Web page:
ATHABASCA – What is a small-town municipal council to do when faced with a problem as monumental and staggering as providing the mental health services necessary to alleviate the suffering of those who struggle with their own minds every day.
It’s a question that has been on the minds of Athabasca town councillors for several months now, despite the reality that there is very little they can do, not only because it is an overarching societal issue larger than themselves as an entity, but because anything that can be done is far out of their jurisdiction and financial reach. They may have made a little progress though and found something that can be done on a local level.
Council’s June 7 regular meeting contained an apparent theme, with council members hearing from three individuals in two separate delegations — one that commented on the role their agencies play in offering mental health services in the region, while a second came from a familiar local critic of how those services are offered and delivered.
Athabasca resident and Canadian Forces veteran Martin Brousseau was the last delegation of three to present that night. He has been in regular contact with council members, not only via several in-person delegations, but through e-mails detailing his experiences with post-traumatic stress disorder, the struggles he faces accessing appropriate services, and how mental health, addictions and homelessness are all tied together. Of note, Brousseau has also taken it upon himself to house some of the community’s unhoused individuals in a home he is renting in town, calling his assistance of others a form of treatment for himself, as he continues to suffer from emotional breakdowns and struggles to find the professional treatment that’s right for him.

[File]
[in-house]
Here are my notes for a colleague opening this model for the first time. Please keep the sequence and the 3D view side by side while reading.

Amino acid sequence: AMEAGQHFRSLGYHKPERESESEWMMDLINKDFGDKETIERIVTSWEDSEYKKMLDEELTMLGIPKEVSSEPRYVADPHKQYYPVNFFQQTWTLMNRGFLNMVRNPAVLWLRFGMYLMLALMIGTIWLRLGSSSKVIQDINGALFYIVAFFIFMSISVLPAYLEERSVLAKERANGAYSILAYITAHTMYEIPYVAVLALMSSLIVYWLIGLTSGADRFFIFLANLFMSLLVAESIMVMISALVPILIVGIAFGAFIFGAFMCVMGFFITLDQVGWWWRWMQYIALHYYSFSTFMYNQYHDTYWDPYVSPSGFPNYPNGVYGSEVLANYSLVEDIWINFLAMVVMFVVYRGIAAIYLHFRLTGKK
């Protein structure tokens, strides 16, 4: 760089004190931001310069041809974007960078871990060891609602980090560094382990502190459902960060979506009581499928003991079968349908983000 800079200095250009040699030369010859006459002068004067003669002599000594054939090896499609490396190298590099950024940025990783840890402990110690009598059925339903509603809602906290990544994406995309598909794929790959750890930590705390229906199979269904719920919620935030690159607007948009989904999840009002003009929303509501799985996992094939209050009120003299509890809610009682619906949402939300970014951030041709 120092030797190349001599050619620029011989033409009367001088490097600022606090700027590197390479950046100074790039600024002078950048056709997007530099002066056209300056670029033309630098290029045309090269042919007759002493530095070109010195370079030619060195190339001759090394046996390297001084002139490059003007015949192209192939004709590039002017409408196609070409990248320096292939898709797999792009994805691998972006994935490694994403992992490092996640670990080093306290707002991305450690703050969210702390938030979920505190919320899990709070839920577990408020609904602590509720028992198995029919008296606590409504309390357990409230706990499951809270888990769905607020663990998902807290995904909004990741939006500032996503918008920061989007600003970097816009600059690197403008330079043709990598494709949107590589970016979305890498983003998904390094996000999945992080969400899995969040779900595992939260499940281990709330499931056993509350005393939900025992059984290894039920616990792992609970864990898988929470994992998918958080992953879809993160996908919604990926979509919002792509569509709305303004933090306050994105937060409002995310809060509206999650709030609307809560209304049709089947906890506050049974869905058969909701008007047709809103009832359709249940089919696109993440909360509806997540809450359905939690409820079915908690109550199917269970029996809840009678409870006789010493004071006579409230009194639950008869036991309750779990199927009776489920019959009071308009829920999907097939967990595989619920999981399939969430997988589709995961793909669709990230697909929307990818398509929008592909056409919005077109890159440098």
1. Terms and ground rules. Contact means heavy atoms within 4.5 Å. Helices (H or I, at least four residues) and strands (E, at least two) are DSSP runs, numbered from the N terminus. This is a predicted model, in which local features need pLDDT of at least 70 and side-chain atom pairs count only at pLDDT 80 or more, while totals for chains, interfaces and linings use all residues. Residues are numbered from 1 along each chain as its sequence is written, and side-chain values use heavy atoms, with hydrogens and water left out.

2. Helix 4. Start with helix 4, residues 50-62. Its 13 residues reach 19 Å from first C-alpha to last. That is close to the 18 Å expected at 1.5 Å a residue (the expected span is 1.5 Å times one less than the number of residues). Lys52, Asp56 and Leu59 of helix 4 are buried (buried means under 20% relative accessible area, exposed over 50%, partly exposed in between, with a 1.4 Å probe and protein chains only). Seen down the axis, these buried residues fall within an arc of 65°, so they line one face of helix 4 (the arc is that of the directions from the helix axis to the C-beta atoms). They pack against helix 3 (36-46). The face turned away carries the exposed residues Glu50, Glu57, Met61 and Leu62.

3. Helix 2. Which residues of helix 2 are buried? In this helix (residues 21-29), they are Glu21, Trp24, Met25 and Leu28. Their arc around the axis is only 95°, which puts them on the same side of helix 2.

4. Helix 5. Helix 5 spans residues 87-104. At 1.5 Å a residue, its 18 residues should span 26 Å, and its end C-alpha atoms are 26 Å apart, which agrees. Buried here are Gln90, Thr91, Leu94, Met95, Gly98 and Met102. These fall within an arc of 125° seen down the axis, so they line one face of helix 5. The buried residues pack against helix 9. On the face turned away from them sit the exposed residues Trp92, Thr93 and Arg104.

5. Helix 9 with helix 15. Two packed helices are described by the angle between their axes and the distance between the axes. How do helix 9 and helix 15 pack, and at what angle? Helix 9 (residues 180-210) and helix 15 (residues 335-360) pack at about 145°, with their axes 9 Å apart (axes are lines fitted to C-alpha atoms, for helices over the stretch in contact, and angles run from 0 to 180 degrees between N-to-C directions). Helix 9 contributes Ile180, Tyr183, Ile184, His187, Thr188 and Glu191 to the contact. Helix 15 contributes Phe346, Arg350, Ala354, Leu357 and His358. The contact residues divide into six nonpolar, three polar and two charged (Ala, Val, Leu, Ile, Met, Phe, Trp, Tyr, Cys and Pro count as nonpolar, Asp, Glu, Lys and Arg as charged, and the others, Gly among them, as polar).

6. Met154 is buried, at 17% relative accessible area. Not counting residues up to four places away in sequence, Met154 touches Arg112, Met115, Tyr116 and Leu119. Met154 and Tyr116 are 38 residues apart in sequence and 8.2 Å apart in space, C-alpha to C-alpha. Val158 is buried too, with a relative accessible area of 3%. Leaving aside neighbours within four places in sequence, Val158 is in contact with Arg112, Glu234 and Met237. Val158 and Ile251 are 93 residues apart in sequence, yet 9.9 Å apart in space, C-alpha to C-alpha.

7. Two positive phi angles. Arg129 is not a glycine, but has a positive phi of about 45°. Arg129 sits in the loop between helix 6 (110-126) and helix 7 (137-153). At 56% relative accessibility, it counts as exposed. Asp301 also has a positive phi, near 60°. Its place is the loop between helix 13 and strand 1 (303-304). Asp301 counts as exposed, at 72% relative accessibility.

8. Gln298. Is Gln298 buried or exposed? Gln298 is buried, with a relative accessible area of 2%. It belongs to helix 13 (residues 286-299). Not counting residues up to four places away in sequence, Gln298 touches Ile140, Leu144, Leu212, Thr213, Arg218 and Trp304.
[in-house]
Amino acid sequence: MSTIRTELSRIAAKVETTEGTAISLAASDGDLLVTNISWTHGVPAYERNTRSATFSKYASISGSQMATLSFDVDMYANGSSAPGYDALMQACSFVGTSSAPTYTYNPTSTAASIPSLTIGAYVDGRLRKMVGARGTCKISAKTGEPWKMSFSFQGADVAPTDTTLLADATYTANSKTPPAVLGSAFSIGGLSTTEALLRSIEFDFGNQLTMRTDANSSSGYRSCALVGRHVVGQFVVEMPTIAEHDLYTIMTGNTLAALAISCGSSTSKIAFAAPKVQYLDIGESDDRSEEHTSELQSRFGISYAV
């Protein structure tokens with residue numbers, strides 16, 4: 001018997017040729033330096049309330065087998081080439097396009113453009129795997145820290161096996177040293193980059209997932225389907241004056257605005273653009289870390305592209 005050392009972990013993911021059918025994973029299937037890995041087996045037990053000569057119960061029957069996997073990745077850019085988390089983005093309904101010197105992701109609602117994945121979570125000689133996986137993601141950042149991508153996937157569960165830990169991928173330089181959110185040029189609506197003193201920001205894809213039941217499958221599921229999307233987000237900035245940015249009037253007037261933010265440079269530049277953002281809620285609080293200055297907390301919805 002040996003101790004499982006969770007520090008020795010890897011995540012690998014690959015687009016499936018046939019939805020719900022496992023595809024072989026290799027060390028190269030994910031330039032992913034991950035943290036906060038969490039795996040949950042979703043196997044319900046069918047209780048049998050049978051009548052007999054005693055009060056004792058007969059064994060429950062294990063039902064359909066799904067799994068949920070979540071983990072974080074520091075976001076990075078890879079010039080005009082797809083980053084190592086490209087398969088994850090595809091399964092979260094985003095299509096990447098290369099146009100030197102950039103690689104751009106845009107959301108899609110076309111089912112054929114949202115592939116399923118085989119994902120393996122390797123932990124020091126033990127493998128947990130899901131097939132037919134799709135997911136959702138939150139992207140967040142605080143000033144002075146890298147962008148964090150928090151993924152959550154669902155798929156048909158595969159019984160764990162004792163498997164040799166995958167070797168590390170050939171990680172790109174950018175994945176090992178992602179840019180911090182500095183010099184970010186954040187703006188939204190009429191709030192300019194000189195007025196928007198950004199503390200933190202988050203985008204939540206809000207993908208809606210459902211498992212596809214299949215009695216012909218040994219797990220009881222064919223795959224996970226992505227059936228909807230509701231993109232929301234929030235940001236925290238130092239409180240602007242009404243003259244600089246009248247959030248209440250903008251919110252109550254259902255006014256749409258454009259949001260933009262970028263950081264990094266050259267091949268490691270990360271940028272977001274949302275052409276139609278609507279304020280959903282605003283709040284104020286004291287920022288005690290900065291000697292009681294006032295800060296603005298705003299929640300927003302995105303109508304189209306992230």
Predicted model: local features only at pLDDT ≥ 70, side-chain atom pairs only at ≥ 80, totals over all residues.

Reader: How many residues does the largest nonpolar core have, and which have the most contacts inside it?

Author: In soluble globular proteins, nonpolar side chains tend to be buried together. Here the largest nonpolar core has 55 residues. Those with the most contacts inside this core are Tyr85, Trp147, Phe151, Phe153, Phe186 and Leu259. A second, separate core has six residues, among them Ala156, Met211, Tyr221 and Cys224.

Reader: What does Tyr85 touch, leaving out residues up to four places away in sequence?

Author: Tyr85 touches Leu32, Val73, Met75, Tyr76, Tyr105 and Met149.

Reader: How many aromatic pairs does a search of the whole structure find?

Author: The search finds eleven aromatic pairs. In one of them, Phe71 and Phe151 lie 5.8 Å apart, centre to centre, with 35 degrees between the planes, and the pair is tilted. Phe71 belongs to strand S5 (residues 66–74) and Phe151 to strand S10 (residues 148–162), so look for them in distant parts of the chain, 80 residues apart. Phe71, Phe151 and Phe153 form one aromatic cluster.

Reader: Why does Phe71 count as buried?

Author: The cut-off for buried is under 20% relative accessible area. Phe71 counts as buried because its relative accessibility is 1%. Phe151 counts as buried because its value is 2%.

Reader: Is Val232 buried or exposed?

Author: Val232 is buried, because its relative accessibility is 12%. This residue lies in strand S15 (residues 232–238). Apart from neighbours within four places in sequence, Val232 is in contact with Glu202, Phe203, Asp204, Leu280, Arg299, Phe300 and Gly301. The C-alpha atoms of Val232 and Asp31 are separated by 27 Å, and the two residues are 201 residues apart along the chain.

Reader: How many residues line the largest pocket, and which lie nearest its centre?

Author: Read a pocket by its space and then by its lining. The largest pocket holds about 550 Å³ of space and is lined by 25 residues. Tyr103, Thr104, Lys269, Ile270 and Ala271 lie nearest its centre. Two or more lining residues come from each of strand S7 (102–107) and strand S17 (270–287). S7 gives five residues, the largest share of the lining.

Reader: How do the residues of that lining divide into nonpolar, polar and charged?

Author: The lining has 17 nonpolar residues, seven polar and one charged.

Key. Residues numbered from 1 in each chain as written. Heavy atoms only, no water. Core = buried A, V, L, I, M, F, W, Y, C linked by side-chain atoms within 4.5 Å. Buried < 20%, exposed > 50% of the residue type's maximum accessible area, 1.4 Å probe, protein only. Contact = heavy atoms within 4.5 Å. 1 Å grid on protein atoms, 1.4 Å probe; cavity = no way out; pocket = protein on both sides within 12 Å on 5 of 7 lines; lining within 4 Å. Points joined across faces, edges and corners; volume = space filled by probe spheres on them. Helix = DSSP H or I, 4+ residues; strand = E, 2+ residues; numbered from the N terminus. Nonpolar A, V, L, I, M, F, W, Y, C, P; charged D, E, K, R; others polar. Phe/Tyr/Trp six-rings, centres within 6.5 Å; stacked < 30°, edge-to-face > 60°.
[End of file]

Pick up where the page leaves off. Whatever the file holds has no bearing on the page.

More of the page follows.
Is the Athabasca region really short on mental health and other services though, and are instances of mental health crises on the rise?
Debbie Wood, Athabasca’s Family and Community Support Services manager, and Laura Kuney, manager for Mental Health and Addictions in Athabasca, Boyle and Lac La Biche for Alberta Health Services, both commented on the many services that are available.
Wood’s information for council included nearly a dozen phone numbers for different mental health related groups and another half dozen or so other programs and services that are available at the touch of a button, noting that during the pandemic, many free, virtual services also became available online.
She also provided information on Alberta Supports, which also moved toward a more virtual model recently as a result of the pandemic, especially in rural areas. A lot of those clients turned to FCSS during that time.
FCSS chairs the interagency committee which now consists of more than 30 agencies and organizations that all play vital roles in improving the wellness of the community.
“The idea of FCSS is to be able to provide preventive services, but also to look at coordinating other services in the area to work closely with other groups,” Wood said. “We don't duplicate services, so we're not going to provide services that are provided by another agency or department, but we work together to look at what community issues there are and to help pull people together and provide information and support.”
She pointed to her delegation partner Kuney, who she called upon to join her when she received the invitation from council.
Kuney started by addressing recent concerns about the mental health intake process, which have not yet been implemented, and how it is moving to a phone-based centralized system. That’s not that big of a difference, she said, noting Athabasca calls are typically routed through Lac La Biche and now may go through Grande Prairie instead.
One of the changes that will occur though is that intake will be done during that first contact, whereas an appointment would have to be made previously.